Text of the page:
No. 593

Jessica Williams saw Travis Sanders sitting at the corner table that he’d specified for the meeting. She approached and sat down.

Sanders was excited to see her. “I’m glad you could make it,” he said, perhaps overly enthusiastically.

Jessica considered leaving, but she’d known Travis for too long to walk out immediately.

“It’s been, what? Ten years?” Sanders continued, oblivious to Jessica’s discomfort.

“Something like that, sure,” said Jessica.

“Time flies,” said Sanders. “I’m so glad you could make it,” he repeated, adding “so” for emphasis. “I bet you’re wondering why I tracked you down.”

“That’s true.”

Travis was nervous, too. He almost spilled his coffee as he reached down for his laptop bag. “Look at this,” he said, turning the laptop toward Jessica. “Do you remember him?”

“Jeremy Hoskins,” said Jessica, reading the screen.

“He went to our high school,” said Sanders.

“I know.”

“You were friends with him, right?” Sanders pressed.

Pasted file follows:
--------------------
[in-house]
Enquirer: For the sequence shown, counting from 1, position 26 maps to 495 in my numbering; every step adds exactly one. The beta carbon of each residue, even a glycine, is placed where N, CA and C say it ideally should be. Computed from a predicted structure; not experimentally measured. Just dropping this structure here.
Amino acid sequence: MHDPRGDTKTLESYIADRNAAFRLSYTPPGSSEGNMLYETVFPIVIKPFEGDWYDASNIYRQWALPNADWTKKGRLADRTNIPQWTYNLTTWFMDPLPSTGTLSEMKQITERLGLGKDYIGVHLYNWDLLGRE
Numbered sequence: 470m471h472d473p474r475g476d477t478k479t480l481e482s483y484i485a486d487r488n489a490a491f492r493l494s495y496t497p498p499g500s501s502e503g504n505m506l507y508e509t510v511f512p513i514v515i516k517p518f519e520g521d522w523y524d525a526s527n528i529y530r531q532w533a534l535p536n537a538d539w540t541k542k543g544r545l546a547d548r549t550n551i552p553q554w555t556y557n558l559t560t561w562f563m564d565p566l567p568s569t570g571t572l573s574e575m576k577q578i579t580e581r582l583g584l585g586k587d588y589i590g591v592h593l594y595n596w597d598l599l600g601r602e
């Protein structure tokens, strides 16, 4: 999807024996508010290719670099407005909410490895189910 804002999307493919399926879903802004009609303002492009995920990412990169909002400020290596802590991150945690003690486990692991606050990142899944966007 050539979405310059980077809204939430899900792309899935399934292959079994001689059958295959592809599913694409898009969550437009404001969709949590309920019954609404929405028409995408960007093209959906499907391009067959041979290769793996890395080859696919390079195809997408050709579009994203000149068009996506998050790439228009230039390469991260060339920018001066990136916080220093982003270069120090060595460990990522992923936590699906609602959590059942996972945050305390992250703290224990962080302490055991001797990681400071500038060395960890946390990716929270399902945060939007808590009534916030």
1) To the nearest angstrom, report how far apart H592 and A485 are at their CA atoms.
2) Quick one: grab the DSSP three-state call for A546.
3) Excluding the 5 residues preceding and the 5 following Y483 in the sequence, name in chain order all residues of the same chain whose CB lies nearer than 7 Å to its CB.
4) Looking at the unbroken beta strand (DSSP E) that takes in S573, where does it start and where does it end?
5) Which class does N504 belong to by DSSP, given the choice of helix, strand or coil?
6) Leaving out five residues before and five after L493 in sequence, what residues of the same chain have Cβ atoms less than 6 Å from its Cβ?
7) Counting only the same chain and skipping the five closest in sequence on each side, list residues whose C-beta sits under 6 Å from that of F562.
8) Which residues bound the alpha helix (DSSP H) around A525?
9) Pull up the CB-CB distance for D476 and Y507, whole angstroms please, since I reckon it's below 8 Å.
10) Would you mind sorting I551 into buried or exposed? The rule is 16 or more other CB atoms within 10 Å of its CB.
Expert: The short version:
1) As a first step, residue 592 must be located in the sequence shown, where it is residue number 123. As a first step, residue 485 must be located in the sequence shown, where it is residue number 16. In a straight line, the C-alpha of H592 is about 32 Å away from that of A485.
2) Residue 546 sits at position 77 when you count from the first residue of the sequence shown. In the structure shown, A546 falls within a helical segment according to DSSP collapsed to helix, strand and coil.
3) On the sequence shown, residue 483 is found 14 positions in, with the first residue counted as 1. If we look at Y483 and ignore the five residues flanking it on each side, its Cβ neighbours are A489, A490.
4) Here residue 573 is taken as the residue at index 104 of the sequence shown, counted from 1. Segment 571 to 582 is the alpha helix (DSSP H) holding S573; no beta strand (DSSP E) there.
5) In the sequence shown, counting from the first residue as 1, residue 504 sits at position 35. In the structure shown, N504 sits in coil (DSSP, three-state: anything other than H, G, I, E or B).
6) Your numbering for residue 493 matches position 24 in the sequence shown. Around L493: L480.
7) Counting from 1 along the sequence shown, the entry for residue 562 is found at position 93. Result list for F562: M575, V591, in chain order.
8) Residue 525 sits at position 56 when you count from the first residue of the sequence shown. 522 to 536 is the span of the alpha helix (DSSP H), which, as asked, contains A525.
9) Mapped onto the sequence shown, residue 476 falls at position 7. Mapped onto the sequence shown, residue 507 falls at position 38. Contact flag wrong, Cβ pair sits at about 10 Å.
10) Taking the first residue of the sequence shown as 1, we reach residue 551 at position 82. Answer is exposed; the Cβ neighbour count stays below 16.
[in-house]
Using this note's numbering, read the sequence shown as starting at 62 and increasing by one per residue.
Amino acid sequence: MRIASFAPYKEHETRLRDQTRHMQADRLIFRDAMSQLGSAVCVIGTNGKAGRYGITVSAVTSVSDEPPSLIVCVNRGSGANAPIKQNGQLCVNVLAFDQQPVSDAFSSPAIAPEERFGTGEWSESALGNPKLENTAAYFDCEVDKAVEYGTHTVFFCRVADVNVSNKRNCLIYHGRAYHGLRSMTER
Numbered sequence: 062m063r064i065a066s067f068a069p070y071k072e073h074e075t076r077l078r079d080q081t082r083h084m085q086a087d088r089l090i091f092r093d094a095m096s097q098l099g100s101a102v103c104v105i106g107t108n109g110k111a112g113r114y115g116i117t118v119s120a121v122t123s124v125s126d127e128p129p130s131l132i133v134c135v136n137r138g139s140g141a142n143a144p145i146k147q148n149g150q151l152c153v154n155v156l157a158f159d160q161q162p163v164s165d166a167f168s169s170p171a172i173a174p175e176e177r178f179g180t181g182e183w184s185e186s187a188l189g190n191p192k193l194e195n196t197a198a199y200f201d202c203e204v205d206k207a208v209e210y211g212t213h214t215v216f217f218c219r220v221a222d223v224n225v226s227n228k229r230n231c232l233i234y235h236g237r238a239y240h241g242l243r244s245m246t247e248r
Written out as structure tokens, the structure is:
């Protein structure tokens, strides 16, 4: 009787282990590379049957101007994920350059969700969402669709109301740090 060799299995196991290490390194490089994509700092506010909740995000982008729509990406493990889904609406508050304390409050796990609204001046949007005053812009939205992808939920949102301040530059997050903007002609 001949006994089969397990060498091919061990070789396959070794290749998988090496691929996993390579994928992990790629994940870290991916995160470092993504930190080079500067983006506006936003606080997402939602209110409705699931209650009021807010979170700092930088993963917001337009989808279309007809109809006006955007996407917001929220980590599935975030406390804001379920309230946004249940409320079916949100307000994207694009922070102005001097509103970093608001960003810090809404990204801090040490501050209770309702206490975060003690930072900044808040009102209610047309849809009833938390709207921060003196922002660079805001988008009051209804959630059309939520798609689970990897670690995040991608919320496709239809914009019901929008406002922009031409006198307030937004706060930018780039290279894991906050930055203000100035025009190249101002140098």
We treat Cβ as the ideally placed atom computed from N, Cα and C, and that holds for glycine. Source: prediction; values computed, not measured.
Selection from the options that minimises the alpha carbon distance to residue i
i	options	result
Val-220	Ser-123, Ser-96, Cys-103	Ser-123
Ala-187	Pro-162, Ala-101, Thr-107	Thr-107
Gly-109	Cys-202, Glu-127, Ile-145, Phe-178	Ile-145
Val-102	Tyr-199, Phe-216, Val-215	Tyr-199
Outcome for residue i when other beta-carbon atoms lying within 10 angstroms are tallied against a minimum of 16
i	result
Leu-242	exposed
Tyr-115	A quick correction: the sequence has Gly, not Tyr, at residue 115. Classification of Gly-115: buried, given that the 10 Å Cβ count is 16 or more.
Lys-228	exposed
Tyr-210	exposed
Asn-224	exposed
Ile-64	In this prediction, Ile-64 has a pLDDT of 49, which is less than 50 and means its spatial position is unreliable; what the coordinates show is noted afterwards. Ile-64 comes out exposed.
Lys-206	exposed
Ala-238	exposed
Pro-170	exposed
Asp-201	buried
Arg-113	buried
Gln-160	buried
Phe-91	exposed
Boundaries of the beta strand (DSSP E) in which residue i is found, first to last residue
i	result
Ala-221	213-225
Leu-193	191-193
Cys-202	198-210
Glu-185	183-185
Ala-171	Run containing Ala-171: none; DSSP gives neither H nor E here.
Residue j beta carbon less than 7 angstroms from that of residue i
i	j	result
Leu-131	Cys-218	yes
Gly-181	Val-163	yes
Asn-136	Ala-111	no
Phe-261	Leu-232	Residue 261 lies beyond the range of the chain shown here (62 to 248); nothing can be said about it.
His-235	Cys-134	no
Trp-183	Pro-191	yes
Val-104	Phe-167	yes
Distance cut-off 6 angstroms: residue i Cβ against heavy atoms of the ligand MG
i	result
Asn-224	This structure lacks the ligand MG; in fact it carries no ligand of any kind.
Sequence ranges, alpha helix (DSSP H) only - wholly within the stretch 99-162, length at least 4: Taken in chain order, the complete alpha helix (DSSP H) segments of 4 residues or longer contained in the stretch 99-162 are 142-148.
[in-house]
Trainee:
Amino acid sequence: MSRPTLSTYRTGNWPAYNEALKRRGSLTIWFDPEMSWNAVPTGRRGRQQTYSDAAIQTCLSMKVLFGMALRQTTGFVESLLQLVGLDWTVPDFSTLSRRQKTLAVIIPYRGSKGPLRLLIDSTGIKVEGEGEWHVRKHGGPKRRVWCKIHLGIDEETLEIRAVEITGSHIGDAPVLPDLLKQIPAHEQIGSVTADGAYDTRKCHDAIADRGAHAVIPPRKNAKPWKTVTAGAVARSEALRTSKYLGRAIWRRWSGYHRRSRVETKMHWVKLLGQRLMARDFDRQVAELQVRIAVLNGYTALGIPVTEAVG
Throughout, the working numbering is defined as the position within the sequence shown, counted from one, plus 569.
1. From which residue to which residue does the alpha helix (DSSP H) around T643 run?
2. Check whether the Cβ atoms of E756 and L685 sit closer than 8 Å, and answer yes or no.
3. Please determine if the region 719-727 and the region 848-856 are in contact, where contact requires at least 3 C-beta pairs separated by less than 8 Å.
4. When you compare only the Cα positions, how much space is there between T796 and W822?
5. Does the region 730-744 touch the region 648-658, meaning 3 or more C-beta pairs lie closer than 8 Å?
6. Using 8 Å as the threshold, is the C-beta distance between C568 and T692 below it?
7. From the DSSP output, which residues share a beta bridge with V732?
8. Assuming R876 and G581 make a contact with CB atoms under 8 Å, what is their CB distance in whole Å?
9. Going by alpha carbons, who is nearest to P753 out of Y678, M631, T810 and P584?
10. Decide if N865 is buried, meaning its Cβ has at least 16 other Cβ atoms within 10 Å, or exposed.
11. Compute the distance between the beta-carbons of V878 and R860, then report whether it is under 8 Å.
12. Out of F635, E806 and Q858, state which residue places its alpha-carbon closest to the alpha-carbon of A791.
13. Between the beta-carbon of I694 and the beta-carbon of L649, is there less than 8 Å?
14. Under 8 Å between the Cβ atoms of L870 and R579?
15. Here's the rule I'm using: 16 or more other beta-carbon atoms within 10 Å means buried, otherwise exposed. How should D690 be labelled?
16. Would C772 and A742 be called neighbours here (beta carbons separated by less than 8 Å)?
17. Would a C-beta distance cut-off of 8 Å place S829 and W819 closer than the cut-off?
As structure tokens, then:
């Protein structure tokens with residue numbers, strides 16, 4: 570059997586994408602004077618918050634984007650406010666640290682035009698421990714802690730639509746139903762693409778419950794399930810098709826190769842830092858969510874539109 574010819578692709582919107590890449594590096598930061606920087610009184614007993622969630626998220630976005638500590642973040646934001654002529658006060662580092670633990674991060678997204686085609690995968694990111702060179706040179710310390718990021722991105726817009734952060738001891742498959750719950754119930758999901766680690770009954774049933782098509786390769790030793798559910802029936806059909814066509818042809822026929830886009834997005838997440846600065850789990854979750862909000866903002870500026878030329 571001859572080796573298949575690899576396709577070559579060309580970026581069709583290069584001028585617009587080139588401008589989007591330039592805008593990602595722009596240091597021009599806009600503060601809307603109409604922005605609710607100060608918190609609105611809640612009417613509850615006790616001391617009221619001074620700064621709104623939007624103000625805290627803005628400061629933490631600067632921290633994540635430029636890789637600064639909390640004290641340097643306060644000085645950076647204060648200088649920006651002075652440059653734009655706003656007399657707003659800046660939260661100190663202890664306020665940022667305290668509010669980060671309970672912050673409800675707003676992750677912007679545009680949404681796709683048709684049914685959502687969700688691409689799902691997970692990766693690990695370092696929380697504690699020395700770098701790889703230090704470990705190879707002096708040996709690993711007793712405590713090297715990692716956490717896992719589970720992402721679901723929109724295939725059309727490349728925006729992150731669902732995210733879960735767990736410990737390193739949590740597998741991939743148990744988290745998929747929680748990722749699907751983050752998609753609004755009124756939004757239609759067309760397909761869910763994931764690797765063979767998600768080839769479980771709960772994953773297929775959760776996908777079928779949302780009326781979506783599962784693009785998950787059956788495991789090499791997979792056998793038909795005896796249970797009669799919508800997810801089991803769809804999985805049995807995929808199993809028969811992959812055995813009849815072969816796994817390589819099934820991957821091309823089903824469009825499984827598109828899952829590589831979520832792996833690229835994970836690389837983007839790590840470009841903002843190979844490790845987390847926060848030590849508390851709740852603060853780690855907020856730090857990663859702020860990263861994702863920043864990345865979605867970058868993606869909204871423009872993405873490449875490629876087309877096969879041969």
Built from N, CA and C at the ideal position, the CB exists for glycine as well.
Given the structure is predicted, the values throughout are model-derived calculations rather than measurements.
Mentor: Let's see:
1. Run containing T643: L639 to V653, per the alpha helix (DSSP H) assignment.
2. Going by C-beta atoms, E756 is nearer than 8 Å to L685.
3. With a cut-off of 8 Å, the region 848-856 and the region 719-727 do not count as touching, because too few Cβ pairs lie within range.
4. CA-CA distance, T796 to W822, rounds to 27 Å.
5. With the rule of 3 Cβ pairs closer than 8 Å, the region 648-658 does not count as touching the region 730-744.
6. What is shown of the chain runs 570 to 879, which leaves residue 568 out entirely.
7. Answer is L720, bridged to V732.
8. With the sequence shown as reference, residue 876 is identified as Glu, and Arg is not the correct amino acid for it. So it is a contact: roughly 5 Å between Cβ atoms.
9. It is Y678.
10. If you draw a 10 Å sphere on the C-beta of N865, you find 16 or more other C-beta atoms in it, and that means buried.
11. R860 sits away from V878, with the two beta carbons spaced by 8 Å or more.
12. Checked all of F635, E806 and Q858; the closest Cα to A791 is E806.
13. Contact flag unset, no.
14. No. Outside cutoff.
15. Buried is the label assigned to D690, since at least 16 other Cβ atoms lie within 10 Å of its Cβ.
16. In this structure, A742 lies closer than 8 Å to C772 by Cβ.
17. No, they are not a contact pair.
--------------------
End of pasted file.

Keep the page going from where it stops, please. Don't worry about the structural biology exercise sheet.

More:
Jessica shifted in her seat. “I’ve mostly tried to forget.”

“No, you were. You spent lunchtimes with him in the English room. I remember.”

“I’ve mostly tried to forget.”

“Oh, hey,” interrupted Sanders. “I forgot to buy you a drink? What do you want?”

Jessica looked toward the counter. There was a line. “I’m fine. I can wait. What is it you want?”

“Right. Oh. Right. Yes,” Sanders stammered. “I just started following Hoskins on Twitter.”

“Twitter? Really?” said Jessica. She checked her phone, now wishing she hadn’t agreed to meet her former classmate. It had been a terrible idea, she decided.

“Turns out, he’s super rich, now,” Sanders whispered.

“I know. And?”

“You were friends. He’s rich. Maybe you can re-connect.”

“What do you mean re-connect?” Jessica said with revulsion.

“It could be like Ocean’s 11, but with two.”

Jessica leaned back in her seat. “You want to rob him?” she said, louder than she’d expected.

“Shh! Quiet!” said Sanders. “You’ll blow the plan.”

“Rob him. With you?” said Jessica.

“I’ve got it all worked out,” said Sanders. “Much classier than a smash-grab job.”

“I’m not sure I can do that,” Jessica said.

Travis leaned forward. He looked Jessica in the eyes. “Remember science class?” he said quietly. “Please help me.”

Jessica swallowed. She’d tried especially hard to forget science class.

“You were there. Third row,” said Travis. “You know what happened.”

“I know.”

So, will you help me?” Travis asked.

Jessica thought back to the day, many years ago, when she’d done nothing. “Classier than a smash-grab job, you say?” she asked.

“I do.”

“Alright, then,” Jessica decided. “I’m in.”